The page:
Today, the Senate voted to reauthorize the Terrorism Risk Insurance Program, which serves as a bailout guarantee for big businesses.
Here's David Dayen on this bipartisan-approved corporate welfare program:
The Terrorism Risk Insurance Act provides a government backstop to insurance companies in the event of a terrorist attack. Tria arrived in the wake of the September 11 attacks, when it arose as a way for the government to protect the insurance companies from taking huge losses that would put them out of business after a terrorist attack.
The rationale behind Tria is simple. Previously, there was no contract by which companies could protect themselves from terrorism costs. That was a disaster when the insured loss for 9-11 approached $40bn, with most of it paid by insurance companies and the firms who insure them, known as reinsurers.
The appeal is clear – to insurers, who have been raking in cash. Over 60% of all businesses have purchased government-subsidized terrorism insurance since 2002. The program has cost the government $1m a year – almost nothing – but has made an estimated $40bn in revenue for insurance companies, who have never paid a claim, or given a dime to the government for their reinsurance protection.
(Read the full article for a more in-depth explanation).
The bill just voted on reauthorizes the program for six more years and raises the threshold for the government to begin paying out terrorism insurance claims from $100 million to $200 million.
Republicans, in TRIA reauthorization negotiations last year, decided that they wanted to sweeten the corporate welfare pot some more by rolling back part of Dodd-Frank, particularly by exempting non-financial companies from having to follow the same derivative regulations as banks. The White House has expressed its disapproval of this addition to the bill but has not issued a veto threat because of it:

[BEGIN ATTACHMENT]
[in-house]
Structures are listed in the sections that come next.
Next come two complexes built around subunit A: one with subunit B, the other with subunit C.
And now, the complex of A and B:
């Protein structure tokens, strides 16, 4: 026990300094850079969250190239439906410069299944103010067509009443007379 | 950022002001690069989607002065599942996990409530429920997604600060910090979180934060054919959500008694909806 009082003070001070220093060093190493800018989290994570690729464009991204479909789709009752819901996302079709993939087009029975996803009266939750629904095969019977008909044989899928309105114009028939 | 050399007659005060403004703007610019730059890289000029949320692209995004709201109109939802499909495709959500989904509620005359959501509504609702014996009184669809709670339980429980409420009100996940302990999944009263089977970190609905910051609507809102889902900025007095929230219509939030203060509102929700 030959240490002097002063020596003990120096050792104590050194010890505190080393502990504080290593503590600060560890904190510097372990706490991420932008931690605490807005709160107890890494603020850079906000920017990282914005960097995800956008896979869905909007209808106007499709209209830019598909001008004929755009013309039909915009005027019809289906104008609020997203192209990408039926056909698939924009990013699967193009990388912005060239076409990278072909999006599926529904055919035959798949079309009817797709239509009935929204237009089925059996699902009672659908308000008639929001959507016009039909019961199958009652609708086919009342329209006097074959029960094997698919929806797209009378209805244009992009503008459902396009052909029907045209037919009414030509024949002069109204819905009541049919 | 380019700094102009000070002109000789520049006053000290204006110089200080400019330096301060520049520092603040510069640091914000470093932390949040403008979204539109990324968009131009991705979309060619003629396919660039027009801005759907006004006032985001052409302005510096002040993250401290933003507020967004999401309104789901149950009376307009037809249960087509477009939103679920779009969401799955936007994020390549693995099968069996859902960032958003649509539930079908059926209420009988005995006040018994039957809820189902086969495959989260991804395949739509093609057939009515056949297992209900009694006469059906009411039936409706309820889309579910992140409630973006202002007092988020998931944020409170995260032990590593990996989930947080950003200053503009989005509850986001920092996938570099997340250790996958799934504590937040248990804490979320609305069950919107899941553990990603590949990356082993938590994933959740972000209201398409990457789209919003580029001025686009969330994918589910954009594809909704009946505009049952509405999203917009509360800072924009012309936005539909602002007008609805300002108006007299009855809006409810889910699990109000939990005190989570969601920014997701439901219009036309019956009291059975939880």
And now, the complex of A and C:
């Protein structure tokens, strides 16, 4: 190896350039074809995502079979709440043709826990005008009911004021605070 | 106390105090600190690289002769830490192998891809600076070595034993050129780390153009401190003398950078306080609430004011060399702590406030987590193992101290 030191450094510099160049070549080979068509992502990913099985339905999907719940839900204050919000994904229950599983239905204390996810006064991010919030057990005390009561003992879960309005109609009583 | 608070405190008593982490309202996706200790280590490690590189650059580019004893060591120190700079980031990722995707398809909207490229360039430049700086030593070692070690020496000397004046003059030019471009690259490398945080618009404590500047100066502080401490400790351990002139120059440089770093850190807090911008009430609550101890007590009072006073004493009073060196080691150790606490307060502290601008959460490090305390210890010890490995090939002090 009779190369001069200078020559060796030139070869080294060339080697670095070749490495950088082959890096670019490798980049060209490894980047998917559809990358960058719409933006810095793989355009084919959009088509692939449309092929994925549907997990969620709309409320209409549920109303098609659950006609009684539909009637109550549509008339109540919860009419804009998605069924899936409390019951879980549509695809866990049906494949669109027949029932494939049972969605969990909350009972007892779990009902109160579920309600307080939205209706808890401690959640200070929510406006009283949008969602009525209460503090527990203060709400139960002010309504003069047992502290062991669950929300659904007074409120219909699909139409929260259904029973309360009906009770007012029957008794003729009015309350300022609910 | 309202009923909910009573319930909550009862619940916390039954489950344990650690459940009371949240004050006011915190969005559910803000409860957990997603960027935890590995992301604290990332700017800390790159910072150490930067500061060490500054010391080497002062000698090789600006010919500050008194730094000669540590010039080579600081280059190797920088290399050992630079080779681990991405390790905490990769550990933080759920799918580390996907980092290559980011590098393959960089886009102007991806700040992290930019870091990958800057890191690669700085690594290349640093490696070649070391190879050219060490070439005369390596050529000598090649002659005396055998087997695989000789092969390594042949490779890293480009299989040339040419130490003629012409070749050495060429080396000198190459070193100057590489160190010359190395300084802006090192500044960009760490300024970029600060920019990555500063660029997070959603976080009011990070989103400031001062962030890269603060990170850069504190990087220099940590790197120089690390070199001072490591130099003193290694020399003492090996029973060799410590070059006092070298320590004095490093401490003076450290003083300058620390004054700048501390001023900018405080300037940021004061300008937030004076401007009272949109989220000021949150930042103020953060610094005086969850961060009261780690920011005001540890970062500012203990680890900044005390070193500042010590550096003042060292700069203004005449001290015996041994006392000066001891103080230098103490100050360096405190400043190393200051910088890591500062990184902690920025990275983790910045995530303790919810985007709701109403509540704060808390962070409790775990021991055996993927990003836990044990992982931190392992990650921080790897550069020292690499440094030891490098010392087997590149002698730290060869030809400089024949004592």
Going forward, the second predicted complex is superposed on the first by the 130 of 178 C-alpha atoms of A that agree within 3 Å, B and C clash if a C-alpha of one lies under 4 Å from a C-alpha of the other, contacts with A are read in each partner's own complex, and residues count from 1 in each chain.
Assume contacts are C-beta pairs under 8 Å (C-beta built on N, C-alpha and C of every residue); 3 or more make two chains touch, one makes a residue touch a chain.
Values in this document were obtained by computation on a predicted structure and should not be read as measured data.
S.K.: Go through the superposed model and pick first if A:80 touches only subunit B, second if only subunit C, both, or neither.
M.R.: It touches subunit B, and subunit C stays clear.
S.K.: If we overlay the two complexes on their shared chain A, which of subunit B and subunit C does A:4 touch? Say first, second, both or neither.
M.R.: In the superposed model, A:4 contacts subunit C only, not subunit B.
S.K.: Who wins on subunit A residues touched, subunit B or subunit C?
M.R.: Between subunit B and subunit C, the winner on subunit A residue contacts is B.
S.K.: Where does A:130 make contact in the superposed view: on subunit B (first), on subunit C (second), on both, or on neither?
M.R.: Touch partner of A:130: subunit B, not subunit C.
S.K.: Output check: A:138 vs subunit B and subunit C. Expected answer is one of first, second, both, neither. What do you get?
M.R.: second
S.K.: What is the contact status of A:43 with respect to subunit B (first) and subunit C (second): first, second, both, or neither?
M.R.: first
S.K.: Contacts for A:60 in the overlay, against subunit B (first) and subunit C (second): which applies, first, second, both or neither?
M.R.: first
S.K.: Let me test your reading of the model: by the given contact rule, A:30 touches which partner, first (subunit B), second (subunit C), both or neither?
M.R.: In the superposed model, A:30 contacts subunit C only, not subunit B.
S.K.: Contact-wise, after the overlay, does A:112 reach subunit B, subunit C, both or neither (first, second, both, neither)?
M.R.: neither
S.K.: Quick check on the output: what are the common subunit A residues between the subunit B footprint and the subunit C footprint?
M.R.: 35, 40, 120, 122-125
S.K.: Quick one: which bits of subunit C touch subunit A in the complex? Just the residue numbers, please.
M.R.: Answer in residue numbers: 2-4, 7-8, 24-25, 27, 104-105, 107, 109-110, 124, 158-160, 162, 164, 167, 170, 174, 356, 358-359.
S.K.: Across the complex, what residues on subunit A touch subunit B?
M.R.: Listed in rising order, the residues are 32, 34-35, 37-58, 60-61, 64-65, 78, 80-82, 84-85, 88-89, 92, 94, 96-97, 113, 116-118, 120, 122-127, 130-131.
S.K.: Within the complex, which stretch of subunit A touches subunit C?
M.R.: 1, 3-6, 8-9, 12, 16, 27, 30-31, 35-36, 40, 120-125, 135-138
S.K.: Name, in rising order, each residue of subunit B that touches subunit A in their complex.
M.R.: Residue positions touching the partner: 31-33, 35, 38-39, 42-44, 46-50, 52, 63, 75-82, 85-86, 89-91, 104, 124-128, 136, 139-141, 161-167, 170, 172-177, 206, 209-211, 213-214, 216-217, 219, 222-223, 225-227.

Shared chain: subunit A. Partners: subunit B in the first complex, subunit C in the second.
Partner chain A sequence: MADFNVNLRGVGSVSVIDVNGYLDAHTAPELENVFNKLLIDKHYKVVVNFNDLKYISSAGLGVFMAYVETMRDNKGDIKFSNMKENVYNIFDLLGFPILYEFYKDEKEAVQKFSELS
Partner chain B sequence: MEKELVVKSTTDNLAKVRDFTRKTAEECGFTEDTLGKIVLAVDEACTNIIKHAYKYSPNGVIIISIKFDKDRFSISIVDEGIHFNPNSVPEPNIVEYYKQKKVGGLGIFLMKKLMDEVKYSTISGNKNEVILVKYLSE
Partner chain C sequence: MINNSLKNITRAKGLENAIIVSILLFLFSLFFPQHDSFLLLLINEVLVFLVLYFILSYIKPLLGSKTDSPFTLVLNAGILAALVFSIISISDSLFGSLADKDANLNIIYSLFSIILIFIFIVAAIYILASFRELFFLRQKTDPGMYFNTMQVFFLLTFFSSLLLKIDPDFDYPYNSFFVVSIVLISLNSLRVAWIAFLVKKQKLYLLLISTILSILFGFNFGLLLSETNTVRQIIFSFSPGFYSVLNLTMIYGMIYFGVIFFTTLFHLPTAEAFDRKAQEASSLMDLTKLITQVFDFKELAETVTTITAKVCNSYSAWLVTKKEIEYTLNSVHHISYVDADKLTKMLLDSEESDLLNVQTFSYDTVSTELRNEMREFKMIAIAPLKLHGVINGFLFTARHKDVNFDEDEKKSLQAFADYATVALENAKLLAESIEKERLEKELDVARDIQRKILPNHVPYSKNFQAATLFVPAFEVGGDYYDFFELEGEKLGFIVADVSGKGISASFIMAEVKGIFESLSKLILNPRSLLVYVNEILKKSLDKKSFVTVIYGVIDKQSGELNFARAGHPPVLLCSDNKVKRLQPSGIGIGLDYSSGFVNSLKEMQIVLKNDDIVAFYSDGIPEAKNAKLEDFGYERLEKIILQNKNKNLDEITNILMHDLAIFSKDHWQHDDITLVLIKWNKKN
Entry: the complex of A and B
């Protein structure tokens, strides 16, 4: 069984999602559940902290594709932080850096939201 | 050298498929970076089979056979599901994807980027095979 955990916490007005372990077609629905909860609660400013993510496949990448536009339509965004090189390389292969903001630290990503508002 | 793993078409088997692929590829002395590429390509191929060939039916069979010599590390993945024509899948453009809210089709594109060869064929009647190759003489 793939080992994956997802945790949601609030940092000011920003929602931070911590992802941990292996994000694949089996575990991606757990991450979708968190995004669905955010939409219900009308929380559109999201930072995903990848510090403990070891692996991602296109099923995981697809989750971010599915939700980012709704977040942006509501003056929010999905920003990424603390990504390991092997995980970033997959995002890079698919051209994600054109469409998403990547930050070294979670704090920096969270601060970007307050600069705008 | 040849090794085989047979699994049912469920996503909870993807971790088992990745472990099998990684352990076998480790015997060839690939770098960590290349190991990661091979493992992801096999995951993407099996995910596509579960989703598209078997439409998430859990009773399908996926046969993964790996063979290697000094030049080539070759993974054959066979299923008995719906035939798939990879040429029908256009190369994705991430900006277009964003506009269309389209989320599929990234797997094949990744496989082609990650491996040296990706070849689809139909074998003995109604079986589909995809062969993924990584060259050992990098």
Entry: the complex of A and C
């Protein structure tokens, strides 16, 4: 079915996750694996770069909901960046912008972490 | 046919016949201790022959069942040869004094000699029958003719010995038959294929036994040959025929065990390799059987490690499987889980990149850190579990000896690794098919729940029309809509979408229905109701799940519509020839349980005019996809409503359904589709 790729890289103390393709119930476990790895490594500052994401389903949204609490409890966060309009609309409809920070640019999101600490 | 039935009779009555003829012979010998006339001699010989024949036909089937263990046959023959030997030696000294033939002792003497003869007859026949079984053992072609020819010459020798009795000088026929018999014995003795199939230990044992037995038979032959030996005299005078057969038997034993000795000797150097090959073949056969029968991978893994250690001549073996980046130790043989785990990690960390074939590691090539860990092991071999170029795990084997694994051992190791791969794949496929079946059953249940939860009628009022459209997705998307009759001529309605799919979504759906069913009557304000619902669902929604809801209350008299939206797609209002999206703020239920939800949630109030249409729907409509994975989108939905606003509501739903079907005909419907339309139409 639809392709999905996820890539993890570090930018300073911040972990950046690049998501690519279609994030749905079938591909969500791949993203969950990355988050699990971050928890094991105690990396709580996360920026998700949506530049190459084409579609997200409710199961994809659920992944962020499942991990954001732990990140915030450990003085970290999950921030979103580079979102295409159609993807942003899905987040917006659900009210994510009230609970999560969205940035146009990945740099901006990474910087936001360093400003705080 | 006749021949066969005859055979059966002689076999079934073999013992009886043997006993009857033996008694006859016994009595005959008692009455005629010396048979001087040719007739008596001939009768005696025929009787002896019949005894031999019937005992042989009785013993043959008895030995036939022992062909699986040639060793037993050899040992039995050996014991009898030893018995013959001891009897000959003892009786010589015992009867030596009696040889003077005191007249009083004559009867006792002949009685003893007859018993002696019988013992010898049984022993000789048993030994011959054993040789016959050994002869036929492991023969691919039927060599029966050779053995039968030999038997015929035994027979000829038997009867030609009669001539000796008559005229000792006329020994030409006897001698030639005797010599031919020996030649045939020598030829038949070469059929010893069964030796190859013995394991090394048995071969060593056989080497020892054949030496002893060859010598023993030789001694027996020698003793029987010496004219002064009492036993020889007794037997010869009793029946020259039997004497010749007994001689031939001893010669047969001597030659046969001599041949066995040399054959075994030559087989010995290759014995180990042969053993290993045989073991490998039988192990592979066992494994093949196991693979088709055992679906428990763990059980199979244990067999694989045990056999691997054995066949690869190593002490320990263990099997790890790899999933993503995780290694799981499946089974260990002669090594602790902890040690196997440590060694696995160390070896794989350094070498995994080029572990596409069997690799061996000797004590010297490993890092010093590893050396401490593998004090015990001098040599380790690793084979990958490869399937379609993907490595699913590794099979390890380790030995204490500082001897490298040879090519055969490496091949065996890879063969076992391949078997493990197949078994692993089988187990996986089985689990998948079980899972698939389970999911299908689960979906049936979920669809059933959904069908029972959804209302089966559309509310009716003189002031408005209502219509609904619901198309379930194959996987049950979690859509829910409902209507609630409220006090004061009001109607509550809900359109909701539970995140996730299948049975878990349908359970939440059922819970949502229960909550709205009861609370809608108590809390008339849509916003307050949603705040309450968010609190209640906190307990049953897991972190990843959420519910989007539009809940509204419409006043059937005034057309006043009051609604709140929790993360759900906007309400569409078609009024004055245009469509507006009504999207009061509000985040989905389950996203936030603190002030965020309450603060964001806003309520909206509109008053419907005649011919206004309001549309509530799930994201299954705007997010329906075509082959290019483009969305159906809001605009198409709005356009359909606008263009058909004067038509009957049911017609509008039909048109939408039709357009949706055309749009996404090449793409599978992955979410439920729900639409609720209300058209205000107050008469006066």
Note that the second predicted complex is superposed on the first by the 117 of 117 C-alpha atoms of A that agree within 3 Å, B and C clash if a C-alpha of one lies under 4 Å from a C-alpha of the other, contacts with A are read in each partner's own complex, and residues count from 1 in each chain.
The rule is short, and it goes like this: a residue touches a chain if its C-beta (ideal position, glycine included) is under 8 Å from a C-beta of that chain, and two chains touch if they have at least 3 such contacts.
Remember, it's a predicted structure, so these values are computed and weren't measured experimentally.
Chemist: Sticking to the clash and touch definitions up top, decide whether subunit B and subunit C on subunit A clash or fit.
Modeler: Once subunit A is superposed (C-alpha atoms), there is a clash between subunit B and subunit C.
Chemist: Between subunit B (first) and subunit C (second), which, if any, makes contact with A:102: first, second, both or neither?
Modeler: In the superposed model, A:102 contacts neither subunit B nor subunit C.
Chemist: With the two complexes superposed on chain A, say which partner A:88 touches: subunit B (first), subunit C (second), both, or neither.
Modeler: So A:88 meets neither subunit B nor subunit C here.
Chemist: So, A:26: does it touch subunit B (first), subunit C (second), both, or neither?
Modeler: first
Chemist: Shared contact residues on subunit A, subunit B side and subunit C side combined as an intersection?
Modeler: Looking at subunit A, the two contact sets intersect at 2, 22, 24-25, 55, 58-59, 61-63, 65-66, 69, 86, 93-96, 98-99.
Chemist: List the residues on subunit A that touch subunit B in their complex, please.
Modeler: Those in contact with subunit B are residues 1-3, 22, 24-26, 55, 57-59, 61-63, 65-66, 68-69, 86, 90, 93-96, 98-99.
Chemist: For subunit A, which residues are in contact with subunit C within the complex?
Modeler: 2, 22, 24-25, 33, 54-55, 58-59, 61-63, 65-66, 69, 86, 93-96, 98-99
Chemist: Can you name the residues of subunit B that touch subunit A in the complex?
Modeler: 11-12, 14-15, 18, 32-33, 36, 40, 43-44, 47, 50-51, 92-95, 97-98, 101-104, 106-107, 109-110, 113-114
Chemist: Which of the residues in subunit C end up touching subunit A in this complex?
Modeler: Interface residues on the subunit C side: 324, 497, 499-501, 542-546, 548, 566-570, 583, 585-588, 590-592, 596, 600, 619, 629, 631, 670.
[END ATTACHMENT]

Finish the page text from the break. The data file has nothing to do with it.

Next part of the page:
Broadening Dodd-Frank’s statutory exemptions is a complicated issue with serious implications for the health and stability of the Nation’s financial markets. The main purpose of S. 2244 is to reauthorize the Terrorism Risk Insurance Program; this bill should not be used as a vehicle to add entirely unrelated financial regulatory provisions.
During the Senate vote on TRIA reauthorization, Elizabeth Warren decided to offer an amendment to strip this unrelated Dodd-Frank rollback provision from the bill.
The Senate proceeded to vote her amendment down 66 to 31.
All of the Republicans in attendance voted against it, and 13 members of the Democratic caucus joined them.
Who were the 13?
Michael Bennet (D-CO)
Tom Carper (D-DE)
Bob Casey (D-PA)
Joe Donnelly (D-IN)
Martin Heinrich (D-NM)
Heidi Heitkamp (D-ND)
Angus King (I-ME)
Amy Klobuchar (D-MN)
Joe Manchin (D-WV)
Claire McCaskill (D-MO)
Gary Peters (D-MI)
Debbie Stabenow (D-MI)
Jon Tester (D-MT)
Keep your eye on them because they will likely be the Democratic turncoats who help the GOP get to 60 on their various deregulatory bills over the next two years.
After killing Warren's amendment, the Senate voted on the full TRIA reauthorization bill. It passed easily 93 to 4.
The four NO votes were Maria Cantwell (D-WA), Marco Rubio (R-FL), Bernie Sanders (I-VT), and Elizabeth Warren (D-MA).